Content capital can be associated not only with a person, but can be pulled apart to provide capital/influence information about a person's recommendation/provision of types of content, so not only might the first user 120 end up with a high influence score with the second user 1125 and a low influence score with the third user 130, the first user 120 might also end up with a high influence score with the second user 125 for Indy Rock, but a low influence score with the second user 125 for Folk music.

The procedure described above can be computed to any depth n. Users can maintain caches of previously queried capital requests and also contain “dirty” bits to indicate that usage has occurred and their capital has to be recalculated. In this case, upon new usage history occurring, the server 115 (or client in the distributed version described above) would update (or inform) all of the users in their social network that their information is out of date and must be recalculated the next time the values are requested. Both of these mechanisms will help to reduce complexity of the calculations without drastically reducing the accuracy (since users at farther depths can have lower weights).

In a distributed implementation, clients may maintain their own content capital calculations and can query clients “downstream” in the social network 105 in order to obtain the values for the calculation listed above. Clients could aggregate usage history for a given user as content is used, or all clients of a given user could collaborate to determine aggregate usage when one of the devices is queried. The calculation would take the form of the one above, with each successive layer deeper into the social network being a distributed calculation on each client device aggregated by a device in the next higher level of the social network.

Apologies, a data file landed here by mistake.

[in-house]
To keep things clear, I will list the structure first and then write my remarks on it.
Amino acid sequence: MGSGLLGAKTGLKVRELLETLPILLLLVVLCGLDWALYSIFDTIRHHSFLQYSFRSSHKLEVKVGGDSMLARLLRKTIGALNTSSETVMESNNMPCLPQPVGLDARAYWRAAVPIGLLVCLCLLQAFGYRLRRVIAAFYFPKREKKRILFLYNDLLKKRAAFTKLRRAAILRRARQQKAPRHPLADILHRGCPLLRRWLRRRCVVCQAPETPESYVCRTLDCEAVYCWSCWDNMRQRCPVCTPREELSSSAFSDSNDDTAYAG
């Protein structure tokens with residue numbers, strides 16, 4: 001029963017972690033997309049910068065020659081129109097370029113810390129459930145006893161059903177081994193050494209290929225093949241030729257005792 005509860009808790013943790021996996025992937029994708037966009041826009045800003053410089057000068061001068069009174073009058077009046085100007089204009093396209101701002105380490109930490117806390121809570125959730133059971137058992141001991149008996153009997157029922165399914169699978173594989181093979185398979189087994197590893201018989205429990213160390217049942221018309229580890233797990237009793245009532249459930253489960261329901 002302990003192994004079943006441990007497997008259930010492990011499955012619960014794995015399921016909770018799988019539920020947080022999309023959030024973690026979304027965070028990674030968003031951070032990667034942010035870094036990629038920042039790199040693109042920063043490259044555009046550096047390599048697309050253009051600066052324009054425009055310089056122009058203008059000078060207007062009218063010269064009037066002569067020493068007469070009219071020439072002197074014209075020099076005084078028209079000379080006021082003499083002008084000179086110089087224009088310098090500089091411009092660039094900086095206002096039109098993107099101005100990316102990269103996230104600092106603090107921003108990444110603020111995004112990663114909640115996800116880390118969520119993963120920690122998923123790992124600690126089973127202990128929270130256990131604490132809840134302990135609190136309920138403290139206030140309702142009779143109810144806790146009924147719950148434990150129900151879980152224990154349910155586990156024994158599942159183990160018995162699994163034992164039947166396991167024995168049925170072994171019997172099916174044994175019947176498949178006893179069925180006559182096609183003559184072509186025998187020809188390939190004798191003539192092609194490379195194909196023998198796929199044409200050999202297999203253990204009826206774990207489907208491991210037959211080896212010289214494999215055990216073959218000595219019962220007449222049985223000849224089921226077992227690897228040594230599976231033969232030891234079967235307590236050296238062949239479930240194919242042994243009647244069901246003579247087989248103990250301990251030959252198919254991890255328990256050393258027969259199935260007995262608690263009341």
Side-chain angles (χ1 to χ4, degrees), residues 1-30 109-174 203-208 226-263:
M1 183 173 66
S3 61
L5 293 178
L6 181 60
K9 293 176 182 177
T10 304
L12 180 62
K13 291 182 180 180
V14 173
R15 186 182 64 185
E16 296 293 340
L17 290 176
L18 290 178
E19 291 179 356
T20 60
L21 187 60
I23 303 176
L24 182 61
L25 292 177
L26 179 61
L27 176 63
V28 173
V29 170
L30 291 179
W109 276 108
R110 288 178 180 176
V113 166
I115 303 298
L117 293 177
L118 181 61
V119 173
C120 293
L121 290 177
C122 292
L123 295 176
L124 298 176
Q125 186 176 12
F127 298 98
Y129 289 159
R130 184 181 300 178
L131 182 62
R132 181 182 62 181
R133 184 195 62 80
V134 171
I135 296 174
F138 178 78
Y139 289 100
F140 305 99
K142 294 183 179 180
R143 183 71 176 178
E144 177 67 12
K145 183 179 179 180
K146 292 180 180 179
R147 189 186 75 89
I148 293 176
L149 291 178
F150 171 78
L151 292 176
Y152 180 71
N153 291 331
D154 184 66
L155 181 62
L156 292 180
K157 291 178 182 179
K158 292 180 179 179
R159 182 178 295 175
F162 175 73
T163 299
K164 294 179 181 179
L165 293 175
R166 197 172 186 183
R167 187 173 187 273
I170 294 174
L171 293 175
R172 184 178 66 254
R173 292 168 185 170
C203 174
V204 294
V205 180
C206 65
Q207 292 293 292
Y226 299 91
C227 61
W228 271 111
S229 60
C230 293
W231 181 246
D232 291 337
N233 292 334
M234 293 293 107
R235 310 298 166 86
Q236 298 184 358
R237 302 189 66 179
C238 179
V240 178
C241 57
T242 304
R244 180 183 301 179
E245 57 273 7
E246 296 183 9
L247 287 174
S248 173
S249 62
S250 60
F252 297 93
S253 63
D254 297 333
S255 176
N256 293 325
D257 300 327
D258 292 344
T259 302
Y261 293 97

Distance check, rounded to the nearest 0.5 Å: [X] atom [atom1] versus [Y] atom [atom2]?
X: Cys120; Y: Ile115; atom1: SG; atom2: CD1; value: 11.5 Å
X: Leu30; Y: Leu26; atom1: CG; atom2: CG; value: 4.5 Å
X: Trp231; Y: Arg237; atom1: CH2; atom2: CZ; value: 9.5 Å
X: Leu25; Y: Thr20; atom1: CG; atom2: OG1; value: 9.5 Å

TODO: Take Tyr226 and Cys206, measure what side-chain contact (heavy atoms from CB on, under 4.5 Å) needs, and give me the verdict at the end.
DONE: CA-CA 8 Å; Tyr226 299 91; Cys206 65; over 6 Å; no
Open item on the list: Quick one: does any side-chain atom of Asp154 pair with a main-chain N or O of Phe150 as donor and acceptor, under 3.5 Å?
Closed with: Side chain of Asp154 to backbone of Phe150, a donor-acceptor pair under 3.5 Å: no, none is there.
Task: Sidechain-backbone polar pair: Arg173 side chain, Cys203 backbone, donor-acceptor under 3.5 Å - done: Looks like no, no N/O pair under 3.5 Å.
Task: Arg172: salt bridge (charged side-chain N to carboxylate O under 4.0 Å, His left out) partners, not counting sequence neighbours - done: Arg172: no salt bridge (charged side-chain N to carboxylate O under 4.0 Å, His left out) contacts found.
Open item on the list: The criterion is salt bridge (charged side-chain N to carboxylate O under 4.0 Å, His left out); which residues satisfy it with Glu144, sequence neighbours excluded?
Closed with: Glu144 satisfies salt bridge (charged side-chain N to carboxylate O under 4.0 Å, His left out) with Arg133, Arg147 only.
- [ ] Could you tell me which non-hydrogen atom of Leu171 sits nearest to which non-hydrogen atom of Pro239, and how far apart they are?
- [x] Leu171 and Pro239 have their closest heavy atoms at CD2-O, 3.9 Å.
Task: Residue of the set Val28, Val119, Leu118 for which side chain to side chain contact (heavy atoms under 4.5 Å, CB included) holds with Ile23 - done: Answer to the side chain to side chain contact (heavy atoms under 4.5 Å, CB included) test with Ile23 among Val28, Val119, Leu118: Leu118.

In either the server-based or distributed implementation, calculations performed to determine the social capital between users can be used to automatically determine whether or not a piece of content should “stay” in a particular collection or move to another collection. This provides an automatic and ambient way to transfer media content, not based on either a solely push or a pull model, but instead on a collective intelligence model. In this case, the content moves to the “best” location (the “best” being determined by things such as how often this person has been influenced to buy similar artists after being introduced to a new song or how often they have played similar media content in the past after being introduced or how often past agents have found a path to someone with high content capital through this person as a node). This last possibility would allow the content to travel autonomously (and automatically) through a network of people, finding the shortest path to people with highest content capital by calculating each person's content capital and the capital of their friends (based on past activities of other agent/content combinations). The content capital calculations thus contain an embedded “history” or “trail” indicating influence (based on evaluation calculations) of each person in that user's social network, and in the future would use this encoded “scent” to determine future paths of high activation.